I’ve decided to post periodic brief notices about things relating to the Common Currency topic, but where I’ve not yet developed a more detailed response. (So in most cases the idea is that in some future posts I’ll say something more comprehensive.)
First, here’s an interesting and recent review article (in an Open Access journal) by Peter Shizgal:
Shizgal P (2012) Scarce means with alternative uses: Robbins’ definition of economics and its extension to the behavioral and neurobiological study of animal decision making. Front. Neurosci. 6:20. [Journal link - open access] [doi: 10.3389/fnins.2012.00020]
Few have done more than Peter Shizgal to make a certain part of the empirical case that some species exhibit patterns of choice for which a central and unified value representation (that is, a Common Currency) is a good, or perhaps the only, explanation. I’ll discuss some of his empirical work at more length in the future. In this review article he makes the case for using Robbins’ definition of economics to inform the study of animal decision-making.
Second, I read an interesting op-ed piece by Scott Atran in Foreign Policy [Access may be subject to annoying pop-ups].
The main point of the article is to argue that immanent cuts to social science funding threaten national security. In the course of making this point, he glosses some of his current work relating to sacred values and human conflict. The first passage that specifically struck my eye was this one:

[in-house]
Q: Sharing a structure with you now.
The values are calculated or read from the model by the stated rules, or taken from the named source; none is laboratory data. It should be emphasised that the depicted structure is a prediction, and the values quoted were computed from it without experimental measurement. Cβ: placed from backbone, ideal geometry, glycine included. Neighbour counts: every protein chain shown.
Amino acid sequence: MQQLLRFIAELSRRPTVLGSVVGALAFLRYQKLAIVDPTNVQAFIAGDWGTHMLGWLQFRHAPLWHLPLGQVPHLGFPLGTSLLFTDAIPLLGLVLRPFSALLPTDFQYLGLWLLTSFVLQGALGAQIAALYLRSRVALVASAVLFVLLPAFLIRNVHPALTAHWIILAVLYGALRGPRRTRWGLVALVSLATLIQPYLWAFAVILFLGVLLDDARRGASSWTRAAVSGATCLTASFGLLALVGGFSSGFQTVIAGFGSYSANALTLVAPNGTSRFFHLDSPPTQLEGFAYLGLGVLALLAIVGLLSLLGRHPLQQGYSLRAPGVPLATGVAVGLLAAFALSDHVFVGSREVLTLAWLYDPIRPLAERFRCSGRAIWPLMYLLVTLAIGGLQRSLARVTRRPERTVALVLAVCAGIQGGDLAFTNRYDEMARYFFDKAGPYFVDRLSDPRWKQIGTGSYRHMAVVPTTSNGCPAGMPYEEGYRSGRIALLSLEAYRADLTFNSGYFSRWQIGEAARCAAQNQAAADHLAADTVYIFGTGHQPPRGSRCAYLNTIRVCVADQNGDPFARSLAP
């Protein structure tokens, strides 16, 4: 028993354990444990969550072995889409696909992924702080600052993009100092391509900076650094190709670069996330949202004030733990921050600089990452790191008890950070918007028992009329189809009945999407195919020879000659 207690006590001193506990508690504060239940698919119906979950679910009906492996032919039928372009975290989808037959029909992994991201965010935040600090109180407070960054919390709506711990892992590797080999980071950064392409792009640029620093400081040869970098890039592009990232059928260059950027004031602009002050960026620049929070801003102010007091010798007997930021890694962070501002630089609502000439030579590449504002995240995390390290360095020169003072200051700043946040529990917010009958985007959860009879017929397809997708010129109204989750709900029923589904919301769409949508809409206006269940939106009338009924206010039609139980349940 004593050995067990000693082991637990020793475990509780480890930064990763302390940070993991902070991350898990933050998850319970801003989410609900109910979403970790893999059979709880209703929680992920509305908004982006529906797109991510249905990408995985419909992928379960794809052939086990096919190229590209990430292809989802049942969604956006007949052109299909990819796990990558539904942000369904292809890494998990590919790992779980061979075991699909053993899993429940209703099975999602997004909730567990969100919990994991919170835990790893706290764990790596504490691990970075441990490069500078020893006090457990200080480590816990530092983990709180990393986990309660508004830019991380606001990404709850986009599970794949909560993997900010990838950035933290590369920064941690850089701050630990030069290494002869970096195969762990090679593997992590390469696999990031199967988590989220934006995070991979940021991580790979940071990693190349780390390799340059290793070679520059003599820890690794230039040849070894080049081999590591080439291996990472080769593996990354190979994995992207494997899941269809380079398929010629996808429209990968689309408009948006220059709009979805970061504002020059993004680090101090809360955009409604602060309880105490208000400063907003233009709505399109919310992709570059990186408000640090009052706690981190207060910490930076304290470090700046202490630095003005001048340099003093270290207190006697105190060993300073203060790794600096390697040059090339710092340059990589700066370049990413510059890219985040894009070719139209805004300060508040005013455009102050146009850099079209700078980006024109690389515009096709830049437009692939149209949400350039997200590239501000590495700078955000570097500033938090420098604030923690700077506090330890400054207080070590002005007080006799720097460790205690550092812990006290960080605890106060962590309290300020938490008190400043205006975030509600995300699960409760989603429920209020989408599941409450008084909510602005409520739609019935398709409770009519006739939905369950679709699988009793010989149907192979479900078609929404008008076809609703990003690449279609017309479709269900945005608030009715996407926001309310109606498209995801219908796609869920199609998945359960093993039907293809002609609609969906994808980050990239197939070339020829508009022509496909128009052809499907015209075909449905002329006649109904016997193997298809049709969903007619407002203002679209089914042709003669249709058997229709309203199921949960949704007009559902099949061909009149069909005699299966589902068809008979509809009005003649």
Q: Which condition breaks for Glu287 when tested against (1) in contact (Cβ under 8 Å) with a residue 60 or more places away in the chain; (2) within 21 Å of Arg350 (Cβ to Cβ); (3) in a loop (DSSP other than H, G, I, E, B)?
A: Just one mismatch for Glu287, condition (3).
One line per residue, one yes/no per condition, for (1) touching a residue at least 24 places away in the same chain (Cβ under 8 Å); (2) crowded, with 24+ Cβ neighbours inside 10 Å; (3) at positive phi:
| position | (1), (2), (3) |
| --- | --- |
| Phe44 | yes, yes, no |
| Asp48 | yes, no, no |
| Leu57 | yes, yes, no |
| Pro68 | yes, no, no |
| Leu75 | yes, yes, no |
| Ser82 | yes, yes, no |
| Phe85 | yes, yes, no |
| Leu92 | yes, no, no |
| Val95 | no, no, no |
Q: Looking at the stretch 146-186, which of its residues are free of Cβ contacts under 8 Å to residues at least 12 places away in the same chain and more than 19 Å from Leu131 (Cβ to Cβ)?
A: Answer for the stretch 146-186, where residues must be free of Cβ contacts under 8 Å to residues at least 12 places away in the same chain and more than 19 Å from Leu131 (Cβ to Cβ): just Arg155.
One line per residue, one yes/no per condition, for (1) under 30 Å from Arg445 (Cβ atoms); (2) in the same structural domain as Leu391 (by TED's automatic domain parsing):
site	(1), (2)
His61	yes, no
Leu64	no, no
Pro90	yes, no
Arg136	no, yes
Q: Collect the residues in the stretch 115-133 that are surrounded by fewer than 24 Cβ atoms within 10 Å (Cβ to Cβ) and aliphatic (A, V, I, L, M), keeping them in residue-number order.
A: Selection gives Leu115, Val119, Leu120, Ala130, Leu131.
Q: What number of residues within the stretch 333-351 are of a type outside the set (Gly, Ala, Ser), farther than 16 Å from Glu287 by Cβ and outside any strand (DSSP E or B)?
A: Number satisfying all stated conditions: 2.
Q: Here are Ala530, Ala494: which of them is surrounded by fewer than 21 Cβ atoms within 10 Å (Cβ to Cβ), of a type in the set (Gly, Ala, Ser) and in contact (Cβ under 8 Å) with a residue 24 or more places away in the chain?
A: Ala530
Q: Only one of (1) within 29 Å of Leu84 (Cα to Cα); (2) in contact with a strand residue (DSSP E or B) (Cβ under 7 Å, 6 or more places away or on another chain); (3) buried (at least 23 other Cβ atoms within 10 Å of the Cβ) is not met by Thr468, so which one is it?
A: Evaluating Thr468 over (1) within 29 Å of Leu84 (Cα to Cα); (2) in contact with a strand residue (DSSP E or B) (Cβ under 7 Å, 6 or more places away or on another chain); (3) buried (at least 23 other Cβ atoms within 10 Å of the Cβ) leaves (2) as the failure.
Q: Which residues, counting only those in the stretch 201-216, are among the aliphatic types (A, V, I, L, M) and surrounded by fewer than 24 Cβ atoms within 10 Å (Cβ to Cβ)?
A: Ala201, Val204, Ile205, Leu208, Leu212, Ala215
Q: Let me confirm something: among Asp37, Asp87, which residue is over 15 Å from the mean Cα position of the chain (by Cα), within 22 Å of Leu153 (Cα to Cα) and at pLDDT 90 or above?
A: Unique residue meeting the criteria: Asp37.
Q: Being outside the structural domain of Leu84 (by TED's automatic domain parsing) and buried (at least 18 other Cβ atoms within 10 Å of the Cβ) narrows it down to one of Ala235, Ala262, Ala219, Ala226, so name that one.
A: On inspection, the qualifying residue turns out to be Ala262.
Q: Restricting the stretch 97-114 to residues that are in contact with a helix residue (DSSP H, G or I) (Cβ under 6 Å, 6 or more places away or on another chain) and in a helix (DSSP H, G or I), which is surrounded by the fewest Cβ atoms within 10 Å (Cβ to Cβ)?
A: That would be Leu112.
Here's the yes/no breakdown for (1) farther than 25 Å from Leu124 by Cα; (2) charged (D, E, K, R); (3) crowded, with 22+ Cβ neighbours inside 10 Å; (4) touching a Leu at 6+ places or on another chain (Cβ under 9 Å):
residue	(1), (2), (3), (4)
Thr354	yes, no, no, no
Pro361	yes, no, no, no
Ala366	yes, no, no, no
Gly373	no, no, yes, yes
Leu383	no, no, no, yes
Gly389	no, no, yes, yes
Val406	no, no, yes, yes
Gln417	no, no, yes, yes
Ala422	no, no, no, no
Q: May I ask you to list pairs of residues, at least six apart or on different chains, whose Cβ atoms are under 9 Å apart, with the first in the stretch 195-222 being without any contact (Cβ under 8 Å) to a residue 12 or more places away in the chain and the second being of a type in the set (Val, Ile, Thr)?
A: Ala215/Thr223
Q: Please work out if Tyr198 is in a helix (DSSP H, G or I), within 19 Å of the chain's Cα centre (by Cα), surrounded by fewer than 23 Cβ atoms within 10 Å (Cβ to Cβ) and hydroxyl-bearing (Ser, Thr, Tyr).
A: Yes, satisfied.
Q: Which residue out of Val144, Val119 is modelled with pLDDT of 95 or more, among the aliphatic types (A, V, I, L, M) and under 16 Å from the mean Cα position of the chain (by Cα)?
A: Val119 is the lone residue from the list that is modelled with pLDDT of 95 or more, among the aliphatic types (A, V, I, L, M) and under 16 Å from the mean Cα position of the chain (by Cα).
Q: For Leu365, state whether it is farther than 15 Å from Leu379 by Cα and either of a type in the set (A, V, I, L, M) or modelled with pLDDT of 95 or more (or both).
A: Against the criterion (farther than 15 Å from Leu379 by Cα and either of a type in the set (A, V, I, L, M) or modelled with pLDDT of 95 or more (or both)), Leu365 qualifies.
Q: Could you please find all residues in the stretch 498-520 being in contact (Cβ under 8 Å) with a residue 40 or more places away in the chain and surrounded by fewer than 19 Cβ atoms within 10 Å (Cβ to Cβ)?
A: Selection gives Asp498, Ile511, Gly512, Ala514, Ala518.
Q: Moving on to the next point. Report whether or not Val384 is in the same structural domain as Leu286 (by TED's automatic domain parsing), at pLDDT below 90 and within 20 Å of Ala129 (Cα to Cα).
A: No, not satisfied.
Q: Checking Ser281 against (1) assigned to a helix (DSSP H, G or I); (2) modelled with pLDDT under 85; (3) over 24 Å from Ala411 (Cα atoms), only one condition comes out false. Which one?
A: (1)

“Humans process these identities as moral rules, duties, and obligations that defy the utilitarian and instrumental calculations of realpolitik or the marketplace. Simply put, people defending a sacred value will not trade its incarnation (Israel's settlements, Iran's nuclear fuel rods, America's guns) for any number of iPads, or even for peace.”
Shortly after that, he makes clear that he both knows and means what he’s saying here:
“The sacred values of "devoted actors," it turns out, generate actions independent of calculated risks, costs, and consequences -- a direct contradiction of prevailing "rational actor" models of politics and economics, which focus on material interests. Devoted actors, in contrast, act because they sincerely and deeply believe "it's the right thing to do," regardless of risks or rewards.” [emphasis added.]
I’m not decided yet whether this interpretation of his evidence is the best one. But there is indeed a growing body of evidence (both from his work, and that of other social scientists). You can see some of his related papers here. All I want to note for now is that this looks like prima facie documentation of decision problems that suggest there is not a single common currency. That is, the alleged impossibility of paying some people to act contrary to their sacred values, or the ways that their actions in service of those values are insensitive to risk and reward, suggest that those values just don’t appear on the same scale as other things they will work for.